"Above and Beyond"

Richard Smaby
FILM REVIEW

"Above and Beyond" is a documentary currently playing the film festivals, which helps us understand the historical context of the Zionist movement through the personal views of pilots, principally Jewish American pilots, who, returning from World War II, volunteered to rescue the fledgling state of Israel. The director, Nancy Spielberg, lets the pilots tell their own stories. They vary in how religious they are, but all repeat a united purpose – to save the newly formed state of Israel from certain destruction by far superior Arab armies and air power. Israel had no air force.

The pilots and supporters are ingenious in purchasing and assembling aircraft from surplus parts. The veterans have special permission to purchase surplus WWII transport aircraft for $5000 (an over $100,000 price tag to manufacture). But it is illegal to supply them to Israel. The U.S. government had instituted strict regulations against aiding Israel, because Truman did not support the division of Palestine in the two state solution adopted by the U.N. The pilots and supporters face loss of U.S. citizenship among other severe penalties. Supporters hatch the scheme of forming a fake Panamanian airline. The pilots fly the planes to Panama and from there they barnstorm across Africa and Europe to Israel. In a second illegal activity they fly reconstituted German Messerschmidts (or 'Messershits' according to one pilot) from Czechoslovakia to Israel wearing recycled Nazi uniforms, after first ripping off Nazi insignia; the irony is not lost on the pilots.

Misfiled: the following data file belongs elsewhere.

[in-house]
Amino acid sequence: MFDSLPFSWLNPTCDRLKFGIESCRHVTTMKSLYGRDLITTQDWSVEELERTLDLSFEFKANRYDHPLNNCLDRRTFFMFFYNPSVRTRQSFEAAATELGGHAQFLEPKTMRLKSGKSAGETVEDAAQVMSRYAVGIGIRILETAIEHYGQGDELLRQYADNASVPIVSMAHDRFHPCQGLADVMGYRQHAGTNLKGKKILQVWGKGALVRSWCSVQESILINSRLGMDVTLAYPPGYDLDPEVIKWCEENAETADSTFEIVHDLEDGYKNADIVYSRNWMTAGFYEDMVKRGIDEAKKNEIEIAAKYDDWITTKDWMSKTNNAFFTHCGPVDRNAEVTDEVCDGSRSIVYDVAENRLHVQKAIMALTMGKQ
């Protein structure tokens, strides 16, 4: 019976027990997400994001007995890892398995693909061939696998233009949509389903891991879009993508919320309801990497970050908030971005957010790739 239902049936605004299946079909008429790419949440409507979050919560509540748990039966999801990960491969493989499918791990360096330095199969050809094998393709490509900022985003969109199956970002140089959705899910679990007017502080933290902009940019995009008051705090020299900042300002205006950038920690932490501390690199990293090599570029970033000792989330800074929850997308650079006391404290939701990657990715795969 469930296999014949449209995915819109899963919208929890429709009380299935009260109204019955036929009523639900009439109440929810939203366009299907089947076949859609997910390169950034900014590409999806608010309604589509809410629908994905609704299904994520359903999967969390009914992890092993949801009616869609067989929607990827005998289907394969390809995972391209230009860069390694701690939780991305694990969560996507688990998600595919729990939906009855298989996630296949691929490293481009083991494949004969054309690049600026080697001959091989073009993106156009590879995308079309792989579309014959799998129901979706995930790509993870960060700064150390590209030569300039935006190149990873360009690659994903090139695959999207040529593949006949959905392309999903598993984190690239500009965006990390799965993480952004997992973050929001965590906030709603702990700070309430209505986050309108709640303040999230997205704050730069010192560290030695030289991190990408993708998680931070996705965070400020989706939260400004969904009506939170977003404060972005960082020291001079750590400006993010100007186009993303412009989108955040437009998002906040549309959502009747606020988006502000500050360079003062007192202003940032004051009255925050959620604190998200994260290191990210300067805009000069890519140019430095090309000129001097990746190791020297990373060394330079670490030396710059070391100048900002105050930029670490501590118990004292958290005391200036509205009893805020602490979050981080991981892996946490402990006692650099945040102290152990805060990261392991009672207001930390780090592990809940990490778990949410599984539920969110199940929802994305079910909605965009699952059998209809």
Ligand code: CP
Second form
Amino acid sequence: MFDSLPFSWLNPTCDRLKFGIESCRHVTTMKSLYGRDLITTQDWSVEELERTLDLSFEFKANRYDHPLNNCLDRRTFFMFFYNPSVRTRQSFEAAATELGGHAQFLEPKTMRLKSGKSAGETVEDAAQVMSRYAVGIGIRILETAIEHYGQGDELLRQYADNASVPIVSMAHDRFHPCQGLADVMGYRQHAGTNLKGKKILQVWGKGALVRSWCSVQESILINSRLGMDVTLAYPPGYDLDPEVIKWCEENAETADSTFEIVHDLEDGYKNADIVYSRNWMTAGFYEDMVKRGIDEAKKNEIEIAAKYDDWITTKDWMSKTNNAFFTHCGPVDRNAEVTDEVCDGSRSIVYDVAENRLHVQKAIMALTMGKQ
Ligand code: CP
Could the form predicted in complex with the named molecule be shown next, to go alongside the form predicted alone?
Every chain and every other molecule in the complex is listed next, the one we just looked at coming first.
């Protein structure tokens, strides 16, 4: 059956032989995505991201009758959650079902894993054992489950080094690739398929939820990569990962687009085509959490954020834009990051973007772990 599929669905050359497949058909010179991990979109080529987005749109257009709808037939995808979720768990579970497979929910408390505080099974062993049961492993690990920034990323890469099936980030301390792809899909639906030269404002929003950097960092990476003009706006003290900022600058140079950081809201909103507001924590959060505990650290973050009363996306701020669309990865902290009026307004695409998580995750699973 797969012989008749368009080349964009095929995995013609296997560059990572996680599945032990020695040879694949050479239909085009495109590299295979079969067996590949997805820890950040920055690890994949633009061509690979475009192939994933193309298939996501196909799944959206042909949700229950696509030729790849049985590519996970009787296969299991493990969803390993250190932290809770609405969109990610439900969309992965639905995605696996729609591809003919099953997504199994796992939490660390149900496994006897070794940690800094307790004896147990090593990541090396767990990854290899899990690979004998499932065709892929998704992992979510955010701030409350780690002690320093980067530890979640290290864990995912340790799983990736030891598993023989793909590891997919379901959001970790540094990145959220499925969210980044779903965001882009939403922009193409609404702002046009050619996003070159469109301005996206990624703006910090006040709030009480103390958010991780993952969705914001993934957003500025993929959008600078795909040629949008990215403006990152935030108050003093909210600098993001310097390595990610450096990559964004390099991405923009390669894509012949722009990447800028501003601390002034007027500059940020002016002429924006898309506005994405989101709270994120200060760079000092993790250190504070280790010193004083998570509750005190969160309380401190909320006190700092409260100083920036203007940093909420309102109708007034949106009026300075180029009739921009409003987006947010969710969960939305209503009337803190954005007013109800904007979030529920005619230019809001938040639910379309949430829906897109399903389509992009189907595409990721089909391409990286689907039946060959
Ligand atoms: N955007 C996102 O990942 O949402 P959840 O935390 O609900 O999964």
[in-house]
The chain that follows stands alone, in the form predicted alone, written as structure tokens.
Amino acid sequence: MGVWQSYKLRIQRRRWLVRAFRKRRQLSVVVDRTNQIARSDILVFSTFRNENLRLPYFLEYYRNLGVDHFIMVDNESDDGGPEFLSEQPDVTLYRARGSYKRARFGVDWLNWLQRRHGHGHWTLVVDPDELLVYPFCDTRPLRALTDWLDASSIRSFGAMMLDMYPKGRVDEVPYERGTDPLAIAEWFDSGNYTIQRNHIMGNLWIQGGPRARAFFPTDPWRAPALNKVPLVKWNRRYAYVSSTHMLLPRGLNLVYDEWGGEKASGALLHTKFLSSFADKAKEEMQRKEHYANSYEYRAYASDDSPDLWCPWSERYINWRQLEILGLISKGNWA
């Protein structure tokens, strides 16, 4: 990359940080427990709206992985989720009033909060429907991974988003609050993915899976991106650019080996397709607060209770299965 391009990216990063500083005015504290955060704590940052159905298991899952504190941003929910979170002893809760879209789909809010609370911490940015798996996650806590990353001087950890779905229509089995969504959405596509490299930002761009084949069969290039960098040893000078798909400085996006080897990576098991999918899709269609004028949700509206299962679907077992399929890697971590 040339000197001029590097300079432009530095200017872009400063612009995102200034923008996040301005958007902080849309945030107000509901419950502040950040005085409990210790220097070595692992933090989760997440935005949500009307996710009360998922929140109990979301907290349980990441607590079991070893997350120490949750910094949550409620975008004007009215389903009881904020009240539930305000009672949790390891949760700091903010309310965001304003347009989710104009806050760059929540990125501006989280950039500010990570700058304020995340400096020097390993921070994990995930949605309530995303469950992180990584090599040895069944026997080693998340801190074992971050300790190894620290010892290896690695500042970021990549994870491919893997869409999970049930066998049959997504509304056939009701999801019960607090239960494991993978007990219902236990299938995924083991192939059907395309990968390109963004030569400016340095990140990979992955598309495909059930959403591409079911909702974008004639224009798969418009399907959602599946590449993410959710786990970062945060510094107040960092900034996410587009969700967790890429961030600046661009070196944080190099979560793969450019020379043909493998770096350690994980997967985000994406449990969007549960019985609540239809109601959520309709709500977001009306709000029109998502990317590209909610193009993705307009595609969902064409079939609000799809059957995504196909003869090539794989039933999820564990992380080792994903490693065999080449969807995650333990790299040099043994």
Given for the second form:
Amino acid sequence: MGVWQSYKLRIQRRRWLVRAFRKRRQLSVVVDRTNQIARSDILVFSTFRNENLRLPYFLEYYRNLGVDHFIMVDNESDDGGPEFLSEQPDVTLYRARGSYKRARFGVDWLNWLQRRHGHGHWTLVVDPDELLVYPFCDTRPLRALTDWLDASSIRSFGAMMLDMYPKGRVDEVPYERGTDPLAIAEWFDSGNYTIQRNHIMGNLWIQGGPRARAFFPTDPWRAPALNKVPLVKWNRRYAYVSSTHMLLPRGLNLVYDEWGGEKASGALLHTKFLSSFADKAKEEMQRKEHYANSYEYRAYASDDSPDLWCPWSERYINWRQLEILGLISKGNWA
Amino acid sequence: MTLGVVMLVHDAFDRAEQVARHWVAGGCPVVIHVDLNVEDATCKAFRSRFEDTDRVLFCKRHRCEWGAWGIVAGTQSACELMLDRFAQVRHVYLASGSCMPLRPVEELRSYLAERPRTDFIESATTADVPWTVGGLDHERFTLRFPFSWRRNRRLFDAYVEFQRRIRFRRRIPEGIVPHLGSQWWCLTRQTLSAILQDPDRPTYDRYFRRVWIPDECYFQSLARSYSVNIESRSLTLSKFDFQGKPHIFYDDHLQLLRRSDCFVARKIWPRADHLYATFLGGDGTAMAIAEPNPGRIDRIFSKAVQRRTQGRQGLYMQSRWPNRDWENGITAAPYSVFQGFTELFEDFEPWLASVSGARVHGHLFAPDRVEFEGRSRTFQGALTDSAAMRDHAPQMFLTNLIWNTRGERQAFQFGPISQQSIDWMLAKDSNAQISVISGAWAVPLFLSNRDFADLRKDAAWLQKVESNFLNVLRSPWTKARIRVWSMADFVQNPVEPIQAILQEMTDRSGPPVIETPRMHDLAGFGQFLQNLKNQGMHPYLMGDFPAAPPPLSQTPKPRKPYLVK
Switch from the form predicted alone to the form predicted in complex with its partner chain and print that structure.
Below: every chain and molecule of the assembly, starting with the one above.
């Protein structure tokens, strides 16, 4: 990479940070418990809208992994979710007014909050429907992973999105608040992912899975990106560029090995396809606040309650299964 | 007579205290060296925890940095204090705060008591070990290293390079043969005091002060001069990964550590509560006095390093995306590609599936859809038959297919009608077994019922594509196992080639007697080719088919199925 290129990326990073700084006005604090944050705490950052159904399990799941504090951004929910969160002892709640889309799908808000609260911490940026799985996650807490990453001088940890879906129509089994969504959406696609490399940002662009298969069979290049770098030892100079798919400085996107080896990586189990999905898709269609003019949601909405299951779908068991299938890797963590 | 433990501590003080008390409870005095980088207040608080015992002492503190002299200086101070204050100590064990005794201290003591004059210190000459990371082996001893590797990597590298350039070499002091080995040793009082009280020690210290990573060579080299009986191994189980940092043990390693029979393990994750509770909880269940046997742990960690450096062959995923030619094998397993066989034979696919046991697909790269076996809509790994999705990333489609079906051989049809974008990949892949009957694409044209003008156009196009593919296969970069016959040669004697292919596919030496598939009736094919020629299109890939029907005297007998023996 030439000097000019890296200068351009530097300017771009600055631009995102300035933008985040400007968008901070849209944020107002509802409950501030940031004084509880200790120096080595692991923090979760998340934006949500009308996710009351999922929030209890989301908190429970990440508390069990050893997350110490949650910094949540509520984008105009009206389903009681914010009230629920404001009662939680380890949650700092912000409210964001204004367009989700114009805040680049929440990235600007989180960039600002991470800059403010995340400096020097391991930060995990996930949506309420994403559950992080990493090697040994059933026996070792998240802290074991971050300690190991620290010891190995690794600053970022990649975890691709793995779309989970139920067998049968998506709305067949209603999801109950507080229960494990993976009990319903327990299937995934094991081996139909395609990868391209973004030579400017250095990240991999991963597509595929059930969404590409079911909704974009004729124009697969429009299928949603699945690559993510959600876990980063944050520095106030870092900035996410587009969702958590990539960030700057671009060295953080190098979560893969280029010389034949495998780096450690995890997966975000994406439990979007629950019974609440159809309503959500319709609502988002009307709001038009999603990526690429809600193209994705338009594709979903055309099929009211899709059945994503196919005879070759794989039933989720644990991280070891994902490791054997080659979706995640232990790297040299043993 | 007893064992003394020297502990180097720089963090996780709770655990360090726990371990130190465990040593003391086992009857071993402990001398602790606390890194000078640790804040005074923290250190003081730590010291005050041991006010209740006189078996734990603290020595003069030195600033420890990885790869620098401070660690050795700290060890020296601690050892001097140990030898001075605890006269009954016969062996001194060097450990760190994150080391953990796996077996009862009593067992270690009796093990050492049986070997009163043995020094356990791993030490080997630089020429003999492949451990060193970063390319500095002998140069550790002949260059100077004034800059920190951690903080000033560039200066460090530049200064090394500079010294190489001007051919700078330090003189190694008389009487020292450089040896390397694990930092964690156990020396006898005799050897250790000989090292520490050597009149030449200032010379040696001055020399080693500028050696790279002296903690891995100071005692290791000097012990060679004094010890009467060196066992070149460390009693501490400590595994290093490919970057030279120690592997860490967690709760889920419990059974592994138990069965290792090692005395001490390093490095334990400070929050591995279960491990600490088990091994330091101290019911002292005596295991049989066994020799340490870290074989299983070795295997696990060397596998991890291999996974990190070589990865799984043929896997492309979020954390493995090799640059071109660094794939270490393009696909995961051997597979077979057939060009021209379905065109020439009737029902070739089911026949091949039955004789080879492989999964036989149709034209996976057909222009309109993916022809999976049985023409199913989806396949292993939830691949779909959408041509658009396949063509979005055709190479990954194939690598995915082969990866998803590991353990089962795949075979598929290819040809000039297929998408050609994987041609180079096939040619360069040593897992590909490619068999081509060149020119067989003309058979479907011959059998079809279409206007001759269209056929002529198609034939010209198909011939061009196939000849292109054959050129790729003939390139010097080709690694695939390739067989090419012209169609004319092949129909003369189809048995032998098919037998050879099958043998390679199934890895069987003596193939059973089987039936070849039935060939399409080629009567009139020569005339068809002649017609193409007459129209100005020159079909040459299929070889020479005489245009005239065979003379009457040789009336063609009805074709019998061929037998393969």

The new state is being flooded with immigrants seeking a new life free from the threat of persecution only to hear their Arab neighbors threaten them with a new holocaust even worse than that perpetrated by the Nazis. As the date of the implementation of the U.N. resolution approaches, the forces of five Arab nations are massing at the borders of Palestine.

The existence and size (a few planes) of the newly formed Israeli ‘Air Force’ is kept secret and when these planes attack the Arab armies and their air forces, the Arabs assume a much larger threat than actually exists and halt their advance on Israel. A series of truces buy the Israeli military valuable time to build up their forces. The actions and sacrifices of a handful of pilots make the difference in the survival of a Jewish state.

The film acknowledges at the end that seven hundred thousand Palestinians were displaced and gives the Arab name for the war and its aftermath as 'The Great Catastrophe' or 'Al-Nakhba' in Arabic.

Even though this reviewer knew the eventual outcome, he couldn't help viewing the film with angst and then relief, when the Israelis succeed in their struggle for a state they can call their own. But he also can't help but see the parallels to the current Palestinian struggle for a state they can call their own and hopes the number of Israelis who see the similarity is increasing.

In this powerful film the director artfully weaves educational historical footage and minor dramatizations among the always engaging and frequently moving testimonials of the pilots still living and the families of those pilots who did not survive. It deserves a wide audience, both for its message and for the quality of the documentary film-making. Contact the Grand Cinema or other venues to encourage them to show it.